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UK terror reinsurer's government payment not up for discussion in 2020, says CEO


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UK terror reinsurer's government payment not up for discussion in 2020, says CEO

The amount U.K. terrorism reinsurer Pool Reinsurance Co. Ltd. pays to the U.K. government "isn't open again for discussion" at its pending review, according to CEO Julian Enoizi.

The U.K. Treasury acts as Pool Re's ultimate retrocessionaire and would therefore pay claims that breach the reinsurer's defenses, which include roughly £6.5 billion in claims-paying reserves and £2.3 billion of private market retrocession.

Following negotiations with the U.K. government in 2014, Pool Re agreed, with the backing of its insurer members, to increase the amount it pays to the Treasury to 50% of its premiums from 10% from Jan. 1, 2015. With the increase came a series of modernization initiatives, which included Pool Re starting to seek retrocession in the private market, aimed at having private insurers and reinsurers take an ever-greater share of the risk Pool Re was set up to assume.

The Treasury reviews the rationale of the Pool Re arrangement every five years, with the next review due in mid-2020. Enoizi indicated in an interview that, from Pool Re's perspective at least, the payment is not on the agenda for the review.

"I would like to think that we arrived at a commercially negotiated settlement in 2015 based on our respective actuarial positions, and as far as I'm concerned that is a settlement that was reached and isn't open again for discussion," he said, adding: "It is not the focus of what we're trying to achieve."

Although Pool Re's agenda for the review is yet to be finalized, Enoizi said the areas it wanted to address include how it can adapt to the changes in the terrorism threat; pushing more into coverage of small businesses and the U.K. regions; and adapting how the reinsurer works.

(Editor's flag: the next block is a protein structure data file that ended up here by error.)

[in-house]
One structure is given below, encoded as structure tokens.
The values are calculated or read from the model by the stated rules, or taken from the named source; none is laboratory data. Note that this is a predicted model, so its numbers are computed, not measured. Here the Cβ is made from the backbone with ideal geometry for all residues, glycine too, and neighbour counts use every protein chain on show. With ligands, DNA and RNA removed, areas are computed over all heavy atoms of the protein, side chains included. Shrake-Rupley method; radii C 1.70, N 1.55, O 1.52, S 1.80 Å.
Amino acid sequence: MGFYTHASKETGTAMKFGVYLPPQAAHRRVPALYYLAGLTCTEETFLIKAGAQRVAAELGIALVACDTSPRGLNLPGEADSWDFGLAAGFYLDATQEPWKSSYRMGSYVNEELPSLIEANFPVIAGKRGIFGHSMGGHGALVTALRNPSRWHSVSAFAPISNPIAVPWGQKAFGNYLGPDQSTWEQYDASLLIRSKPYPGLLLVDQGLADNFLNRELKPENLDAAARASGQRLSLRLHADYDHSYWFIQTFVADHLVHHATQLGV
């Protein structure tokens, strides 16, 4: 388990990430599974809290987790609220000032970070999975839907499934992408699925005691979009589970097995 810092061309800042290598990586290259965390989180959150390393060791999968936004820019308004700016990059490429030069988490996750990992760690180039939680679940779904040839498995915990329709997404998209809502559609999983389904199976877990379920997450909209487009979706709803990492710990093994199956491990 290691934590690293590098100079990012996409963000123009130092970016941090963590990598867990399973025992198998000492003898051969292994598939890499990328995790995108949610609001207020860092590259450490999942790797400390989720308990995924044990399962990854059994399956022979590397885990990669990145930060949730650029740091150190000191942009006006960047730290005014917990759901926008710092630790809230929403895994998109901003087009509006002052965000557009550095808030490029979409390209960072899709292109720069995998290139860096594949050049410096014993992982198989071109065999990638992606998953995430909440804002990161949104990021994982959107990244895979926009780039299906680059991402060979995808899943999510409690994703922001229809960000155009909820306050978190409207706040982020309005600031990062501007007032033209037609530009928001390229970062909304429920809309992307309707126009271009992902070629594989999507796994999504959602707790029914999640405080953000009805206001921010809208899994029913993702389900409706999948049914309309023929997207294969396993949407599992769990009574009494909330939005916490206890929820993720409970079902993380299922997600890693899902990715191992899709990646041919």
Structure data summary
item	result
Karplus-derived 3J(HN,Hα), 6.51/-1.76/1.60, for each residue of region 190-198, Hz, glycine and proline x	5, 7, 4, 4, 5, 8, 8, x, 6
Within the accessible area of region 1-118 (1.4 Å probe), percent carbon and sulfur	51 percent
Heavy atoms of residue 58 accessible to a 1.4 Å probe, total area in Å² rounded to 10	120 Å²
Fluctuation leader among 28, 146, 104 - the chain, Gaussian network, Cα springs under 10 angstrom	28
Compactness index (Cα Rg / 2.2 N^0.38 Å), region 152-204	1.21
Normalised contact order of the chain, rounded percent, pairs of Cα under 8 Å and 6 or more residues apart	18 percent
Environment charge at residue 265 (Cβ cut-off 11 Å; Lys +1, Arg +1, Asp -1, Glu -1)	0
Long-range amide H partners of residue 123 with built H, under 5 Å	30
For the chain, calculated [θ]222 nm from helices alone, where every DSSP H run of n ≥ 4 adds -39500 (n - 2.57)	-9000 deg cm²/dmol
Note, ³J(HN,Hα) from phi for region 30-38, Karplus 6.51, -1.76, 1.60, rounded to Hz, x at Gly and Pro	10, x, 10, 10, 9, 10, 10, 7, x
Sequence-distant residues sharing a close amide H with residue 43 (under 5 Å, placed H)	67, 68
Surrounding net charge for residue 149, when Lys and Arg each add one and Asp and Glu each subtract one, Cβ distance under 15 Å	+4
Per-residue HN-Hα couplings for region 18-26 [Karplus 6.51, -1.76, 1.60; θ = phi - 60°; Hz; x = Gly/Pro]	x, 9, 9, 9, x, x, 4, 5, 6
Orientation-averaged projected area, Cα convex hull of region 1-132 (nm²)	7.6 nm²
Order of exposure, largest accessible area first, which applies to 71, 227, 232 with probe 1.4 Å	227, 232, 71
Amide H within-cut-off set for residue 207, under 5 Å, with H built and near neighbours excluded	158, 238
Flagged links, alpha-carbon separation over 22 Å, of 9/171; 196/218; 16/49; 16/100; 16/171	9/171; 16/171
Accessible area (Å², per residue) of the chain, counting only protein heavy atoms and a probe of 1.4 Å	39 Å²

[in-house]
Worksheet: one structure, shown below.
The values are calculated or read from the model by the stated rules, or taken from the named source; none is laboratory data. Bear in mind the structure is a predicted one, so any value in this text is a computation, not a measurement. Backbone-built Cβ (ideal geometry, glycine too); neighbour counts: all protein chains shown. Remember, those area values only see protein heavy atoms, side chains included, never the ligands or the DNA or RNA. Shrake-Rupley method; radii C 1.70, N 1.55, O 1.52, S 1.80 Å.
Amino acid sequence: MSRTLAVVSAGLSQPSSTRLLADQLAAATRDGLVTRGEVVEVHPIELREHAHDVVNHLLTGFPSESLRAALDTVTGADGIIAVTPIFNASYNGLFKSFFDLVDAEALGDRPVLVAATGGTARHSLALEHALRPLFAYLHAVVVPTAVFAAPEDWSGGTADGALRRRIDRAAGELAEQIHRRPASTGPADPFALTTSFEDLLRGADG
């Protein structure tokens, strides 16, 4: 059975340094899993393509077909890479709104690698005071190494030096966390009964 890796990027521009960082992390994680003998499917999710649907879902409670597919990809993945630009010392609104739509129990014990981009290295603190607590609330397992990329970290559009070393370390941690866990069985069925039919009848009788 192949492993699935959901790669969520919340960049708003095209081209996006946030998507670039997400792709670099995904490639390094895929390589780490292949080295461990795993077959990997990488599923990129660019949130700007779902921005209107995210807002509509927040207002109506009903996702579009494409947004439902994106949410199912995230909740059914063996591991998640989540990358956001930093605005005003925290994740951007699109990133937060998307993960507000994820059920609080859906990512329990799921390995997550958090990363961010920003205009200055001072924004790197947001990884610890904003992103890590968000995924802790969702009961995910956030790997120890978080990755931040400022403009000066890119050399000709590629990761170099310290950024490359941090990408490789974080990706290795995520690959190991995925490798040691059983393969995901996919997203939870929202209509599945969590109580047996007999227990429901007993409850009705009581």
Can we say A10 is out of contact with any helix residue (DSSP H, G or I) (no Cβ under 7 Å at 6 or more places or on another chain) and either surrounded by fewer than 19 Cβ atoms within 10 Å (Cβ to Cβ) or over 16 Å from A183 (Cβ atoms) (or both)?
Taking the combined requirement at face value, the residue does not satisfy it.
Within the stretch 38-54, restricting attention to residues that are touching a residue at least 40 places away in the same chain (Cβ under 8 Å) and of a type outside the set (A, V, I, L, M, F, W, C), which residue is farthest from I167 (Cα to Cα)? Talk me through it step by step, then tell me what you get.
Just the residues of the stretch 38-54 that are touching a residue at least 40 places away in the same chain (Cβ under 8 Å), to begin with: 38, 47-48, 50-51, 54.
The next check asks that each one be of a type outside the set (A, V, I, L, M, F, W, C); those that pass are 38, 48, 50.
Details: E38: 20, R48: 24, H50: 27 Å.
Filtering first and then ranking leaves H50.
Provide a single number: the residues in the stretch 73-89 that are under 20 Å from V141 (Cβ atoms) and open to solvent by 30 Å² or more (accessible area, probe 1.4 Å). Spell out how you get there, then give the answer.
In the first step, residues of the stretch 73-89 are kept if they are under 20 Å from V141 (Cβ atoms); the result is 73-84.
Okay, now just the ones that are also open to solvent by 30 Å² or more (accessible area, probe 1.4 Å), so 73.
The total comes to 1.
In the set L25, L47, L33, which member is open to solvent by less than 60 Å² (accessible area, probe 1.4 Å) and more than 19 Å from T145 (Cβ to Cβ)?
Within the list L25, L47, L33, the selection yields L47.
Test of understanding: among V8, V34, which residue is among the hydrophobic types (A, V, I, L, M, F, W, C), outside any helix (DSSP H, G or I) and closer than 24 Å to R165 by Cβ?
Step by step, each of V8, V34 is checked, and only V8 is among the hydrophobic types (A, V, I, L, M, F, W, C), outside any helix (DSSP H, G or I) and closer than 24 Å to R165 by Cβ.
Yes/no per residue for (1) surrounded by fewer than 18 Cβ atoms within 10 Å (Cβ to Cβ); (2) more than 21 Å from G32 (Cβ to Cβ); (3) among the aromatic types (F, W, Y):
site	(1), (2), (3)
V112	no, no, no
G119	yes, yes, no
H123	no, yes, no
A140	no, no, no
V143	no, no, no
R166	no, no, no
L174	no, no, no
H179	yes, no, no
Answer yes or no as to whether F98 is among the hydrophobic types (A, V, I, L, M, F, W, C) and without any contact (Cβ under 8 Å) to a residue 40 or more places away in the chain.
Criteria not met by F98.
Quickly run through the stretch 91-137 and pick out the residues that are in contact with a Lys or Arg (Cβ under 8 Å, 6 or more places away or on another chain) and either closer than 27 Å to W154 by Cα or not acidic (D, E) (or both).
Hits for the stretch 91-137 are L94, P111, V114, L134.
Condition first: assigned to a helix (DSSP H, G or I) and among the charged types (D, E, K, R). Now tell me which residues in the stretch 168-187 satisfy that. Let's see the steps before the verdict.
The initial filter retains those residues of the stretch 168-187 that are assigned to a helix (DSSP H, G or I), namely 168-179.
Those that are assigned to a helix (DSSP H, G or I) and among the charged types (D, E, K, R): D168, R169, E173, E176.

Among the changes Pool Re is considering is a shift toward offering its coverage on a treaty reinsurance basis — across an insurers' portfolio of risks, instead of its existing approach of pricing each risk individually. Enoizi said this change "would put a lot more power back into the hand of the insurer" because it would allow them greater freedom to set the price for the underlying coverage. In turn Enoizi hopes this will make it easier for insurer members to offer terrorism cover to all their customers.

To help insurers make their pricing decisions, the reinsurer set up Pool Re Solutions, which offers risk modeling, analysis and data, and risk mitigation tools.

Pool Re has also implemented a range of new initiatives in 2019, including placing £75 million of its private market retrocession into the capital markets and commencing coverage of non-damage business interruption. This cover, introduced following demand in the wake of the 2017 attacks on London Bridge and in Manchester, pays out when businesses have had to close because of a terrorist event, but have not suffered damage to their premises. Pool Re previously only paid business interruption claims where there had been physical damage to property from terrorism.

Enoizi said claims from the most recent U.K. attack on Nov. 29, where two people were killed by a man wielding a knife on London Bridge, "were unlikely to get anywhere close" to affecting Pool Re and would be contained in the amount of risk Pool Re's member insurers retain. He also noted that Pool Re now has £40 million of private retrocession for non-damage business interruption.

But he said the fact businesses could now get cover for losses from that type of attack, with no damage to physical property, was "a real vindication" of the company's effort to introduce non-damage business interruption cover.